Jump to content


Photo

goto telescope bad for a beginner ?

  • Please log in to reply
51 replies to this topic

#1 dodomang

dodomang

    Lift Off

  • -----
  • Posts: 8
  • Joined: 20 Dec 2012

Posted 04 January 2013 - 05:47 PM

OK so there is a used Orion xt10g goto dobsonian telescope that I can buy for $465 including shipping and I'm thinking that that is a great deal but I am a beginner in astronomy. I have owned the celestron power seeker 70az for about 2 months and realty enjoy what I can see. With the 70az I can barely make out the Orion nebula so I decided I wanted another telescope and one that can see galaxy's and nebula good. The thing is I don't know the sky too well yet so I'm wondering if the goto wil ruin the fun for me. I thought about buying the xt10g and then sell it to get a used 8-10 inch dob and make a prophet. There is also someone elce who will sell me their brand new Orion xt8 for $300 shipped. And I also don't need to worry about eyepieces I have a few Meade 4000s :question:

#2 Bill Weir

Bill Weir

    Mercury-Atlas

  • *****
  • Posts: 2534
  • Joined: 01 Jun 2004
  • Loc: Metchosin (Victoria), Canada

Posted 04 January 2013 - 06:03 PM

You do know that this type of scope can be used without the GOTO? Then on the nights when you want to use it you can. That tracking can be nice too for high power planetary use.

Bill

#3 northernontario

northernontario

    Apollo

  • *****
  • Posts: 1130
  • Joined: 01 Jul 2009
  • Loc: Porcupine, Ontario Canada

Posted 04 January 2013 - 06:28 PM

465 for a 10 inch go-to Dob sounds like a really good deal to me.

As Bill mentioned, it does both.

Fun is a personal thing. Most nights, I like to hunt em down, that's fun for me. But it is also nice to let some one else do the driving once in awhile.

You would be surprised at how fast you learn the night sky if you put your mind to it.

jake

#4 BigC

BigC

    Gemini

  • *****
  • Posts: 3208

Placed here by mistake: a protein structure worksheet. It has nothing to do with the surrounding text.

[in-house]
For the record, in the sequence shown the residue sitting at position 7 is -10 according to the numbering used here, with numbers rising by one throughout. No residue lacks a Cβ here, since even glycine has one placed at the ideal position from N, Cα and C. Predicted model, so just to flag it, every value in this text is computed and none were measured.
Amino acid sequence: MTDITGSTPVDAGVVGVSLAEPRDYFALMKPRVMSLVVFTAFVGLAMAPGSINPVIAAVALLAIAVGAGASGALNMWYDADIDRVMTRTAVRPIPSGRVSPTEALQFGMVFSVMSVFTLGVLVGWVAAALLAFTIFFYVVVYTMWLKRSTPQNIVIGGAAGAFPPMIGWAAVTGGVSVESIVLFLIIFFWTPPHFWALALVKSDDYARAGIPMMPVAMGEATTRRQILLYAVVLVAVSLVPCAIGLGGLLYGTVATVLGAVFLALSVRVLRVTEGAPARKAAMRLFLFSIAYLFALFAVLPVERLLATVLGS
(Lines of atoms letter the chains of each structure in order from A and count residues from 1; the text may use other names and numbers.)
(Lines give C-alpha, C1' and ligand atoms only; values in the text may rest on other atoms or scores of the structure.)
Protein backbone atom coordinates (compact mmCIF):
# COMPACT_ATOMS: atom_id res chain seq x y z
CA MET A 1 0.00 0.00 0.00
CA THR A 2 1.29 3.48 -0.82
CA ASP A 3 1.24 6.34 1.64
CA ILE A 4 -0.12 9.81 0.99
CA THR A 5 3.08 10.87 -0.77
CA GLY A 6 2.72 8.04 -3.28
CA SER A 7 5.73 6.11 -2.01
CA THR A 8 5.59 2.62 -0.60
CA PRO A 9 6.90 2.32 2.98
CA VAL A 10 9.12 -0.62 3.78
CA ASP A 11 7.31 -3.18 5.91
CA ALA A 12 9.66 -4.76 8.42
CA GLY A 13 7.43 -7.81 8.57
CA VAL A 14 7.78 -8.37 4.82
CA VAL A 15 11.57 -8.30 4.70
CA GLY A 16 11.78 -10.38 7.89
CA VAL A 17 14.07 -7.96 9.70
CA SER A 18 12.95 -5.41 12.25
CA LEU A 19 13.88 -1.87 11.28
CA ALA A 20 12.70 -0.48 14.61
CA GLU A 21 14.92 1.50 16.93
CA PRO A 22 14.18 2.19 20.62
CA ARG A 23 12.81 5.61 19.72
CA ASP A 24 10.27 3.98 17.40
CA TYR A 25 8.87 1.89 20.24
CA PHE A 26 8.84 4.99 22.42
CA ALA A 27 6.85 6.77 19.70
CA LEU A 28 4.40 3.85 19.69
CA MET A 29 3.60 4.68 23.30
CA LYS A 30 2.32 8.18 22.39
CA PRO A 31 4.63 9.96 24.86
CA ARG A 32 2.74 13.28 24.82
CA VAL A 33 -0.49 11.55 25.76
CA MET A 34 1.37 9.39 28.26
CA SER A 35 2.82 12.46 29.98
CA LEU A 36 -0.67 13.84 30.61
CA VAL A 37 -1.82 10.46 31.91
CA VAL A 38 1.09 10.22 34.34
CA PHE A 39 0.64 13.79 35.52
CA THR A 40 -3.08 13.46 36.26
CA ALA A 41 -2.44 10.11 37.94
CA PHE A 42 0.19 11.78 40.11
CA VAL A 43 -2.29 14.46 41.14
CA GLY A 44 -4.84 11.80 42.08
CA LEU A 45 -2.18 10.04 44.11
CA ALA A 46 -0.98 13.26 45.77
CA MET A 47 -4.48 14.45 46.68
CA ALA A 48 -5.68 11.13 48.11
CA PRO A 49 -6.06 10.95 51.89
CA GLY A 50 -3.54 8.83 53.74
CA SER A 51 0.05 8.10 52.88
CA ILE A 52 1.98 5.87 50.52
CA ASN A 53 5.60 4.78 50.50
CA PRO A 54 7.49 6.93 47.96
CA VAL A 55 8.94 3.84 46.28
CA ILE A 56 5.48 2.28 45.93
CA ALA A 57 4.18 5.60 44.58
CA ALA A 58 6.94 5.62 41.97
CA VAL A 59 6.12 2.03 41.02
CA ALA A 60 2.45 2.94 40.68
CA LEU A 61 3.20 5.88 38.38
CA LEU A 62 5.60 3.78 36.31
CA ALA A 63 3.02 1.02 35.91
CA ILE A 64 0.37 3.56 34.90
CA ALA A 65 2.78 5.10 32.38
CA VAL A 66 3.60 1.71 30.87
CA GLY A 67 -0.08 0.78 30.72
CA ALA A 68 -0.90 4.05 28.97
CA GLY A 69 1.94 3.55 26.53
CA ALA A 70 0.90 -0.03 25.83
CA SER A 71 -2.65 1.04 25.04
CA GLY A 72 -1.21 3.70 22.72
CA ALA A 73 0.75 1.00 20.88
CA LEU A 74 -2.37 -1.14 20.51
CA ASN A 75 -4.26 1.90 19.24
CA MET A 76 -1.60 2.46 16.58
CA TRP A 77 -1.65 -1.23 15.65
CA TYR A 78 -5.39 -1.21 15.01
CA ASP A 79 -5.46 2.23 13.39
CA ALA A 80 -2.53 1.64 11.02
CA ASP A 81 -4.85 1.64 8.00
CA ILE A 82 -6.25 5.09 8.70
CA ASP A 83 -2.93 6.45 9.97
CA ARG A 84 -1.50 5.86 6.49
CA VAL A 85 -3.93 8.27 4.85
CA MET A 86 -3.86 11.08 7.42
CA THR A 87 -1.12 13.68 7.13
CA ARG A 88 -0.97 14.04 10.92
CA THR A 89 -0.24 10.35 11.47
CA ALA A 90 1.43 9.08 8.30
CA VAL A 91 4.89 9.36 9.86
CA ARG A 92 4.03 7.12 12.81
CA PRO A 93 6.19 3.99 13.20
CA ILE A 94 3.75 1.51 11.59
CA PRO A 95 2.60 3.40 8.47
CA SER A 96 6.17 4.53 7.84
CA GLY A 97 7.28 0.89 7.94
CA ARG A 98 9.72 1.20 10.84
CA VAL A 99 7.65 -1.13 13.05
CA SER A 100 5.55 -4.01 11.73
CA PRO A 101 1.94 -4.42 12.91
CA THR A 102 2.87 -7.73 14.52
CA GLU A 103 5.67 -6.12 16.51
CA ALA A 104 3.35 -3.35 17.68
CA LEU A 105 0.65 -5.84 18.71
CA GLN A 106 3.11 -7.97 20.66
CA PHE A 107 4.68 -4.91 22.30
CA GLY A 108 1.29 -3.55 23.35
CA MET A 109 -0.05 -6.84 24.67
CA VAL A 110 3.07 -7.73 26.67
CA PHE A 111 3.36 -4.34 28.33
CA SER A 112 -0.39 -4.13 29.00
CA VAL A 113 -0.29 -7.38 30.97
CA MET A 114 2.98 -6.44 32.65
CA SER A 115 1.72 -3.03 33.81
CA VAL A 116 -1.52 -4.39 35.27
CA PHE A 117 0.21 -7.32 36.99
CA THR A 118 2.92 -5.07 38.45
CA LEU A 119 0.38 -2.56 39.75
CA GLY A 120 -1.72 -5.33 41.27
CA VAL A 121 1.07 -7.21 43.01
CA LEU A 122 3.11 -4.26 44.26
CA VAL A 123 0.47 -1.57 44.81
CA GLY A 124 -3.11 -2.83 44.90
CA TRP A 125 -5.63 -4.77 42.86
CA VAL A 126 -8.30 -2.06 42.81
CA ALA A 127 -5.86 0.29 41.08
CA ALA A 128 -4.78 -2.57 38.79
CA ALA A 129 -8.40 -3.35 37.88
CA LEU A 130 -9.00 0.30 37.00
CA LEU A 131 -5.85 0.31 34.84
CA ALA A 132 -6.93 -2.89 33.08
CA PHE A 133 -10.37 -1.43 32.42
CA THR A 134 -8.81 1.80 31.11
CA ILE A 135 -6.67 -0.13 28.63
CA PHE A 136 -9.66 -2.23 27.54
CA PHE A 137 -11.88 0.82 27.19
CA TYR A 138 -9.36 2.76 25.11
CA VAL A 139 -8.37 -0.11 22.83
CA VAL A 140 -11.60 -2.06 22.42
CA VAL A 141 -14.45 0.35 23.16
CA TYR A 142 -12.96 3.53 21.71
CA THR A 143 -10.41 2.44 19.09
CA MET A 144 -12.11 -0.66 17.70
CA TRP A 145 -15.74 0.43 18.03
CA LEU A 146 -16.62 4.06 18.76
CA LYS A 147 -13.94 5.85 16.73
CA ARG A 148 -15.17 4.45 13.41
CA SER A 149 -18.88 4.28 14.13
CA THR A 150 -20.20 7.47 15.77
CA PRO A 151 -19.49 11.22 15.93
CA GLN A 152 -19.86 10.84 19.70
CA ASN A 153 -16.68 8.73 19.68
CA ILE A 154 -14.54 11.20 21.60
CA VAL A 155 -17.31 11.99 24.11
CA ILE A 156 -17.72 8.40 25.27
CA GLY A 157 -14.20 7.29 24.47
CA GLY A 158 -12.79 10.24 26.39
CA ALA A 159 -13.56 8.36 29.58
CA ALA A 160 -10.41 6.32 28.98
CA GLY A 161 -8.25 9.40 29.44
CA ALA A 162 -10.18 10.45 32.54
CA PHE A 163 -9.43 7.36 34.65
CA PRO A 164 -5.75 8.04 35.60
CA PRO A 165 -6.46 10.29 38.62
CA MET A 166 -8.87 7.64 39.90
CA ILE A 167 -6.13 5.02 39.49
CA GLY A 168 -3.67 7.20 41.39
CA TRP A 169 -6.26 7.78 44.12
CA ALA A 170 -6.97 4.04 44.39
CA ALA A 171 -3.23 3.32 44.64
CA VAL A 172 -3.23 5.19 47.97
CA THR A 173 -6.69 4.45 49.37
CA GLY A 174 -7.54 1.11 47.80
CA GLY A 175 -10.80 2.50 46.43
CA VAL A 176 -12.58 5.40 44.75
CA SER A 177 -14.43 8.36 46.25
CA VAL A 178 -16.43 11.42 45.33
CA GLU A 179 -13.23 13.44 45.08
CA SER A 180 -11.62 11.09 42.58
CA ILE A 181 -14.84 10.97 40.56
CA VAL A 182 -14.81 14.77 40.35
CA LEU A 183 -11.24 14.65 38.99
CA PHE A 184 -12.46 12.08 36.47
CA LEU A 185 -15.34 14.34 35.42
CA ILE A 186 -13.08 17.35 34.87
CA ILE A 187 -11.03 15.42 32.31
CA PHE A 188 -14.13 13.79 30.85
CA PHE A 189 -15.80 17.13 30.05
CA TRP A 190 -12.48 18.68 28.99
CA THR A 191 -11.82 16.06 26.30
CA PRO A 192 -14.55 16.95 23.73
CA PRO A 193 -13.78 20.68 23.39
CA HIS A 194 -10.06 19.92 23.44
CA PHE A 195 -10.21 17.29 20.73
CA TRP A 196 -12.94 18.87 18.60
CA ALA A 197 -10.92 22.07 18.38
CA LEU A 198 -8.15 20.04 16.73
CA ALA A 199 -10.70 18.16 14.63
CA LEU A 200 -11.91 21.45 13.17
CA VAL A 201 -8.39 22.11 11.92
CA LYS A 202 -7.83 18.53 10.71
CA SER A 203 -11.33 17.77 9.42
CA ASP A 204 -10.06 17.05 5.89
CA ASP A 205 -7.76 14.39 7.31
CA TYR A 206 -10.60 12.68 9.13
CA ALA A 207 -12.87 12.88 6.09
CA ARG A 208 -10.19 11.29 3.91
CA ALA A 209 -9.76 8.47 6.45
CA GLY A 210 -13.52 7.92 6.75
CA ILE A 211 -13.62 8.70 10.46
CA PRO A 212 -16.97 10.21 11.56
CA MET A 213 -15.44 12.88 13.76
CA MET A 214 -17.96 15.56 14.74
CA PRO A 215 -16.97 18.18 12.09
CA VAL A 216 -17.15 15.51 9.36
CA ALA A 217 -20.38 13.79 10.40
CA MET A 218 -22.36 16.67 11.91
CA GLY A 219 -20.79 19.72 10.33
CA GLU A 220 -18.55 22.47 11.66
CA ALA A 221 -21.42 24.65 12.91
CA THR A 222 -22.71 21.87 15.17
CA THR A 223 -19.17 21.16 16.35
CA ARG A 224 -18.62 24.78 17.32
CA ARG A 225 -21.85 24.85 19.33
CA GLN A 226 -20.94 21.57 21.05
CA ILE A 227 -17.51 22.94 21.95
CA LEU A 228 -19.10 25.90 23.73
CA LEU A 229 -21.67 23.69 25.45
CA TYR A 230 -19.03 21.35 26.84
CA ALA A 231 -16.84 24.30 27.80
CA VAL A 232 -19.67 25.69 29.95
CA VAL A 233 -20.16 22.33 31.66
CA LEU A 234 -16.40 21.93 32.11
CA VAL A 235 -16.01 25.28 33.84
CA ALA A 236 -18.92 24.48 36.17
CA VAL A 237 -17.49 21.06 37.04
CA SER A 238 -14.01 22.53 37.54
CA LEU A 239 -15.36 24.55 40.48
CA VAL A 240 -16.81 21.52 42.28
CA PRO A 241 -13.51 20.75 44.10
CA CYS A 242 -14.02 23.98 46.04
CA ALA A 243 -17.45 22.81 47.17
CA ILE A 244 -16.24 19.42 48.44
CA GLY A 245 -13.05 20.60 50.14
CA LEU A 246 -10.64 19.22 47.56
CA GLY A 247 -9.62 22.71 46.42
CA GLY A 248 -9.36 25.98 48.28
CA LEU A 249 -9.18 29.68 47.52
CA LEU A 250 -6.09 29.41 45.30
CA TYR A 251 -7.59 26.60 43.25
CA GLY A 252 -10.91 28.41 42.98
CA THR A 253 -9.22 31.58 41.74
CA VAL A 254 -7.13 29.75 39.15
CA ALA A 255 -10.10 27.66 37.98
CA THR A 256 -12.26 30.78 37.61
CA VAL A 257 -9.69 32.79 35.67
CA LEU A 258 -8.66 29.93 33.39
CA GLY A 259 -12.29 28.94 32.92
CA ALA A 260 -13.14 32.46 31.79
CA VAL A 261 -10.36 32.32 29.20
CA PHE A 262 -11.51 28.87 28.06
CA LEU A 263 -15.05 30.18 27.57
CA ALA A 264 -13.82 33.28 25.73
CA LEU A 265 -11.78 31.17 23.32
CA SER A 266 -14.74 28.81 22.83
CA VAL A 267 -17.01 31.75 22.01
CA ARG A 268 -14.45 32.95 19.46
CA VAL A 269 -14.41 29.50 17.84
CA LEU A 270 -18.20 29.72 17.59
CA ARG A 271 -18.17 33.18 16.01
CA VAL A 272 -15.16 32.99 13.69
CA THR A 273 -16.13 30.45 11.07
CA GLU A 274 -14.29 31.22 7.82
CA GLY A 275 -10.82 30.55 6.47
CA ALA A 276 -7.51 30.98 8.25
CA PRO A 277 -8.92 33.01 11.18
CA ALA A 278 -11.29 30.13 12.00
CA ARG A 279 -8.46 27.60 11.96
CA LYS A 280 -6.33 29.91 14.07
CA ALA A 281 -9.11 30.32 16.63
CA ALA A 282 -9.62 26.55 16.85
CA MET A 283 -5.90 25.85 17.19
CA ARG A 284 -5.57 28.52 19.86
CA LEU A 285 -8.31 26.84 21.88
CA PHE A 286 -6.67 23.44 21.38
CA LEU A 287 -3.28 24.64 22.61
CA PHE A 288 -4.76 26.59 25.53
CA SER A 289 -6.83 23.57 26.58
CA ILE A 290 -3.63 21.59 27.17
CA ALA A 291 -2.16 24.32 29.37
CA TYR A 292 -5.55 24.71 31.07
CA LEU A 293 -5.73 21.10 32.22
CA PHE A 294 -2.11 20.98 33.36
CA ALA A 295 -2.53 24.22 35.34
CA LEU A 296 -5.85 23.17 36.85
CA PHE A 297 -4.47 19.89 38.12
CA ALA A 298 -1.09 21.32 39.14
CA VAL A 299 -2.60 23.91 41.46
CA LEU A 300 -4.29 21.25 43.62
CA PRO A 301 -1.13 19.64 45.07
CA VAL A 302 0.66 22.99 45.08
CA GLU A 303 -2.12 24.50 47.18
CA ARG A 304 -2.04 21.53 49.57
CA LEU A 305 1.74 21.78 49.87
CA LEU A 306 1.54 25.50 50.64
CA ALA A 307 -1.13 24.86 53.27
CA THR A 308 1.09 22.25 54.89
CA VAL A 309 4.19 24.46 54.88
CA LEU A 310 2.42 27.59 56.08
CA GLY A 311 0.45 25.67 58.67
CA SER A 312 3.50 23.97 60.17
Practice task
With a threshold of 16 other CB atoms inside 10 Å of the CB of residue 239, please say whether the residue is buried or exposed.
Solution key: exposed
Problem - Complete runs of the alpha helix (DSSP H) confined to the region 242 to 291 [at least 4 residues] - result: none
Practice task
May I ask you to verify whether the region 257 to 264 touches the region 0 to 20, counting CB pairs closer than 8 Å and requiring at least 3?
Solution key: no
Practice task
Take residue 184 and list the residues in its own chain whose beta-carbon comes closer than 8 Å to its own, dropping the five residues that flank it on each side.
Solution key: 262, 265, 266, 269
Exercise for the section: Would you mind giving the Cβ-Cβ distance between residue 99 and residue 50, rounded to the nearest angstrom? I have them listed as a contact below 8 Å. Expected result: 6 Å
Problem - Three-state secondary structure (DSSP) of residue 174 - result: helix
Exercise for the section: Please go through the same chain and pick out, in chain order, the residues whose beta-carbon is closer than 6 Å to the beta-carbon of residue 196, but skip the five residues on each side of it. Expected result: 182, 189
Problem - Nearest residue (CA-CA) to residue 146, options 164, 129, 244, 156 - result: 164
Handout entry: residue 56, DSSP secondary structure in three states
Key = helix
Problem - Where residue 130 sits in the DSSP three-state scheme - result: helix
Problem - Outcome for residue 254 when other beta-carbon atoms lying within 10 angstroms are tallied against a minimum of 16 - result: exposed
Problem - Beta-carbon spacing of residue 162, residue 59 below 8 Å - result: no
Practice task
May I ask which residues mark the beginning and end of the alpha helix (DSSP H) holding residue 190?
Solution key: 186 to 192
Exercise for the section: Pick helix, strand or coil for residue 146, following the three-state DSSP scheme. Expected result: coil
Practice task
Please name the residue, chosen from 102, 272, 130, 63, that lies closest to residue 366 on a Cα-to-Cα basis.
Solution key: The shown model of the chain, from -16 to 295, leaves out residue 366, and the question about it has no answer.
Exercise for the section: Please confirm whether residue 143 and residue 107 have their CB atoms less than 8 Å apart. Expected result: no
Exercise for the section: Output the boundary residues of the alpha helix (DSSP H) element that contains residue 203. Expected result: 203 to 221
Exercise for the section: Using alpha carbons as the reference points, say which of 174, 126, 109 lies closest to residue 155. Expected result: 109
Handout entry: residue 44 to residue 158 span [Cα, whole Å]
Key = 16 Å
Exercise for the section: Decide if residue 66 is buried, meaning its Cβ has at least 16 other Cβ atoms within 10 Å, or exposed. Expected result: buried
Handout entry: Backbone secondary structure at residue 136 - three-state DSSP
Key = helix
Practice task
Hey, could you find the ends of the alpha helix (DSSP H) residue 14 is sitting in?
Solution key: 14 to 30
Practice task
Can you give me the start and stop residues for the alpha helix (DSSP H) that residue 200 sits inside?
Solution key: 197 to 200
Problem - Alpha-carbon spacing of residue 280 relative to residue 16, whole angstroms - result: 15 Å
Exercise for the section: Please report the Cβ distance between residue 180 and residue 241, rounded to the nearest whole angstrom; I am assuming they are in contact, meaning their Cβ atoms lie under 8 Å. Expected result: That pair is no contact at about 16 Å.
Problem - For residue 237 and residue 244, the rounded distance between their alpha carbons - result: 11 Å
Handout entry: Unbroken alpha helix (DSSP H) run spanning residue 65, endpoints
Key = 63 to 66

• Joined: 29 Sep 2010
  • Loc: SE Indiana

Posted 04 January 2013 - 06:37 PM

The goto won't ruin it for anyone.

What is the real difference whether the objects are pointed out to you by book, a human more experienced, or a computer data storage unit ? Unless one plans on pretending the stars haven't been named and positions plotted before ?



It is a tool just like automatic transmissions.

Walking barefoot in the snow uphill to school didn't make the lessons any better(or worse).

#5 Ed Wiley

Ed Wiley

    Apollo

  • -----
  • Posts: 1013
  • Joined: 18 May 2005
  • Loc: Kansas, USA

Posted 04 January 2013 - 06:43 PM

Go for it. Star-hopping is fun and you can do it simply by not using the go-to. On the other hand, if you get frustrated trying to find a target, then "go to" it, use the finder to study the field and next time you will know what to look for in your star hopping.

Ed

#6 panhard

panhard

    It's All Good

  • *****
  • Moderators
  • Posts: 13661
  • Joined: 20 Jan 2008
  • Loc: Markham Ontario Canada

Posted 04 January 2013 - 07:11 PM

OK so there is a used Orion xt10g goto dobsonian telescope that I can buy for $465 including shipping and I'm thinking that that is a great deal but I am a beginner in astronomy.

That price is great as long as the telescope is in good shape.

#7 GOLGO13

GOLGO13

    Gemini

  • *****
  • Posts: 3111
  • Joined: 05 Nov 2005
  • Loc: St. Louis area

Posted 04 January 2013 - 08:12 PM

I think "goto" is fine for a beginner. I believe with that scope you can use it or not if you like. So you get the best of both worlds.

In my opinion the only bad go to scopes are ones where you cannot use the scope without it. More of a problem if the scope breaks in the future.

If you live in light pollution where star hopping is tough, it's very useful.

#8 lamplight

lamplight

    Mercury-Atlas

  • *****
  • Posts: 2530
  • Joined: 18 Sep 2012
  • Loc: western MA, U.S.

Posted 04 January 2013 - 09:45 PM

My firsts cope, way back in.. Oh.. Late fall this year, I picked because it was goto and could be used manually. This sounds ideal, hurry!!

#9 Billytk

Billytk

    Apollo

  • -----
  • Posts: 1337
  • Joined: 22 Apr 2012
  • Loc: Geneva, Fl.

Posted 04 January 2013 - 09:56 PM